I would say that going into the Writer's Guild of America (WGA) Awards last night, the films most
people were predicting to win were American Hustle and The Wolf of Wall Street. After thinking about the actual winners Her, and Captain Phillips they make more sense, especially with this Guild. Who better than writers to see the flaws in Hustle, and epic nature of the Billy Ray script for Captain Phillips.
So what does this mean for Oscar, well in the Original Screenplay this is still a battle between Her and American Hustle. Many on twitter argued that Hustle still has a larger appeal to whole Academy, which could be true. Hustle is nominated for the BAFTA while Her is not. If Hustle wins it gains some ground, but if it loses to any other film the Oscar goes to Her. Either way I think Her is out front.
In the Adapted category Phillips won, but its two strongest competitors are not in the running 12 Years a Slave and Philomena. Slave is the front runner, both are nominated at BAFTA. BAFTA can be a great crystal ball, but there are also times with British factor makes the water murky. Philomena could win at BAFTA, which pushes it ahead a little bit, but 12 Years a Slave still is the favorite to win here.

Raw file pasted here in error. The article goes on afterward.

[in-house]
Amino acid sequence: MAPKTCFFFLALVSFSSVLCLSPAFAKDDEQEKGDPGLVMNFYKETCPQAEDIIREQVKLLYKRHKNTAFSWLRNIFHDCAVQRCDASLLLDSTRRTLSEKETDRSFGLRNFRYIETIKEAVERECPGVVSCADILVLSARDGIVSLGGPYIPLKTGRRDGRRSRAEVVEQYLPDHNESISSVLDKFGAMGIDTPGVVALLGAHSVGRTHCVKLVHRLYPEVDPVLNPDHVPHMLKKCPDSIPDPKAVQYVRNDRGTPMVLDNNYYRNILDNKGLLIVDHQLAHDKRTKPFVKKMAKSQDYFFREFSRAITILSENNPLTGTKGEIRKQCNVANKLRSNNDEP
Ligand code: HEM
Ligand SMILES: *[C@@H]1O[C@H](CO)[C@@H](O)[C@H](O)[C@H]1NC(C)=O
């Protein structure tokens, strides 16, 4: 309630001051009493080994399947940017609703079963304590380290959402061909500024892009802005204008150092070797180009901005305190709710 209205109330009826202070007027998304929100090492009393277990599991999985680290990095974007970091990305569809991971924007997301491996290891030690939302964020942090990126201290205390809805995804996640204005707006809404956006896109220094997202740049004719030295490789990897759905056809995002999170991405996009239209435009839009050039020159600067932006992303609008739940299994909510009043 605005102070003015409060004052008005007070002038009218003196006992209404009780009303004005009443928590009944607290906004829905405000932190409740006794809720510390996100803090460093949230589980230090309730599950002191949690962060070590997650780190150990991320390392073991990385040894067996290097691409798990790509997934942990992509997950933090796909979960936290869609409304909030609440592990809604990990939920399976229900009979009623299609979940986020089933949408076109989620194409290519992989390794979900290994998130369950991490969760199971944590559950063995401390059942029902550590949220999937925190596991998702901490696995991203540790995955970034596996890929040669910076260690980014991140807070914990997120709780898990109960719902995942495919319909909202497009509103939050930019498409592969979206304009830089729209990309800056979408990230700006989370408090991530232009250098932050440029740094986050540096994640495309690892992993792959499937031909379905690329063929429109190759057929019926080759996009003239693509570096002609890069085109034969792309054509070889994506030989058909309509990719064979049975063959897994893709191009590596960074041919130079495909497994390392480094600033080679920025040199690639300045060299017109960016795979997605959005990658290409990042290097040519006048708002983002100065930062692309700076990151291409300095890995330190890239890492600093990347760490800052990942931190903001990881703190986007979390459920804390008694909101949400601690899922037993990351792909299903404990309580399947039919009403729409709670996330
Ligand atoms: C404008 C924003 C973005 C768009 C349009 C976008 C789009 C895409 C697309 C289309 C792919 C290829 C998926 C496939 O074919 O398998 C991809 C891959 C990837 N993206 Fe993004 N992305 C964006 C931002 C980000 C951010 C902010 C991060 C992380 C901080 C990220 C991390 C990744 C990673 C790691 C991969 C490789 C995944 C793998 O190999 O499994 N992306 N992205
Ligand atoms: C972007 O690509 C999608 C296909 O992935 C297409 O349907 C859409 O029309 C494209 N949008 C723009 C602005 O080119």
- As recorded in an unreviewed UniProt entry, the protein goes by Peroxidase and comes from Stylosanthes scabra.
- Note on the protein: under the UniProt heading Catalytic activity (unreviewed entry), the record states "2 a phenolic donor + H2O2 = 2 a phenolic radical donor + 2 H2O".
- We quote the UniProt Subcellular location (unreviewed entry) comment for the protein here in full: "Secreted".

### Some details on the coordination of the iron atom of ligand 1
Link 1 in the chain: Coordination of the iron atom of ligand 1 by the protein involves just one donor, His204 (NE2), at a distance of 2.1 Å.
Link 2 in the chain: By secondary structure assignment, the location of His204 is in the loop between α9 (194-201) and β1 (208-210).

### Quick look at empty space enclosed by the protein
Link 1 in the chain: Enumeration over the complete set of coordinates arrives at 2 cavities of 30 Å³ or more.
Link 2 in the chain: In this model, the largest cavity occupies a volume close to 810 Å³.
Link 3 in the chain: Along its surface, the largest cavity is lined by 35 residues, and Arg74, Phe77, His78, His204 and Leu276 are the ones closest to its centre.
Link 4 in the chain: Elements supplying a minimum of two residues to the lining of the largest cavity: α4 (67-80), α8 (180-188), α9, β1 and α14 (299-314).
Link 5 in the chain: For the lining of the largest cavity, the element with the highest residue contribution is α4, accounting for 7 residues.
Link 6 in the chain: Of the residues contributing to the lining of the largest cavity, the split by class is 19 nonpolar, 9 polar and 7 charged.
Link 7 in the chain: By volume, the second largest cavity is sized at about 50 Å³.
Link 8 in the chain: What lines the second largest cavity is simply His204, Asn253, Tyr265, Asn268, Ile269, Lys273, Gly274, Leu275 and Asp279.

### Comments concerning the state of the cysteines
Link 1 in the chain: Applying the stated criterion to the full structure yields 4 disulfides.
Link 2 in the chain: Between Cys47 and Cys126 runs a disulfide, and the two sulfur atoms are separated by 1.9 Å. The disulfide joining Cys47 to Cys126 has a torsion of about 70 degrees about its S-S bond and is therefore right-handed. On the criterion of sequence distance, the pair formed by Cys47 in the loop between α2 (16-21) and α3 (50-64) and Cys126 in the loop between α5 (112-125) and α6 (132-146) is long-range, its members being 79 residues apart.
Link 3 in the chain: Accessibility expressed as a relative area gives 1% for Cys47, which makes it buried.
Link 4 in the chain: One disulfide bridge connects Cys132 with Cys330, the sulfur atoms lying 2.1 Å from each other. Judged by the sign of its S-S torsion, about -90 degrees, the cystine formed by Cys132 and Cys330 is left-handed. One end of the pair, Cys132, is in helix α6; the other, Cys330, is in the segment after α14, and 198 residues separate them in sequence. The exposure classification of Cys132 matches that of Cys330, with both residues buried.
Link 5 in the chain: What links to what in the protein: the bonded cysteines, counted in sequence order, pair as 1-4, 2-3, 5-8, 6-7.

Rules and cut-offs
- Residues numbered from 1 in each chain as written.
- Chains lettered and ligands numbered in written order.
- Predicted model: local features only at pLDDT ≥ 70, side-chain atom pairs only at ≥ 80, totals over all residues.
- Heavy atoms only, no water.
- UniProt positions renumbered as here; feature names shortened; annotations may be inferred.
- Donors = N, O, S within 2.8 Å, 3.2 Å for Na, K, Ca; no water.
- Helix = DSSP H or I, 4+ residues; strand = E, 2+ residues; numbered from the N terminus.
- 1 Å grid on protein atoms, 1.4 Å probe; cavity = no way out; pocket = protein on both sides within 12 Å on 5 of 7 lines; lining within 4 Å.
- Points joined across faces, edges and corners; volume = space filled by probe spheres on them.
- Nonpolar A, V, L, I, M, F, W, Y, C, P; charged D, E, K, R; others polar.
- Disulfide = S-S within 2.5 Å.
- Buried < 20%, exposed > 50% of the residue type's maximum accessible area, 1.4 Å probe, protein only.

Looking at the bigger picture, I have a headache. No Best Picture race has been closer, ever. Gravity is slightly ahead with two Guild wins, PGA and DGA. 12 Years a Slave also won the PGA. American Hustle won SAG. Her and Captain Phillips won the WGA. I have never seen five different films split the Guilds.
Her and Captain Phillips are the safest to eliminate, they do not have Best Director nominations, and they won't be Argos. The two may still walk home with Oscar trophies, I think Her wins screenplay, and Phillips could win Editing or a Sound award, it is loud, and loud wins.
I think American Hustle is in third, sure it won at SAG, but it only won Ensemble, and no other acting prize. Many will argue that since Adams and Bale picked up nominations on Oscar morning the film is wildly popular with actors, but not enough. The loss at the WGA is also telling, the writers did not like it, and that's said to be the films "strength."
This comes down to that damn tie with the PGA, I could see either Gravity or 12 Years a Slave winning, but Gravity has the edge. Films rarely win PGA and DGA rarely lose Oscar, so if I were predicting today it would be Gravity.
Stories We Tell won the Documentary prize, which is a great win for the underrated Sarah Polley, who was snubbed for Best Documentary Feature at the Oscars.
On the television side Breaking Bad was a double winner for writing in Drama Series, and won for single episode. Veep won writing for a Comedy Series, and 30 Rock took home home the episodic award for their finale. Part of this is very funny considering Bad and Veep have never nor been nominated for many writing Emmy Awards. Will this change this year, oh yes!
Full List of Nominees and Winners Below (source goldderby.com)
"American Hustle," Eric Warren Singer and David O. Russell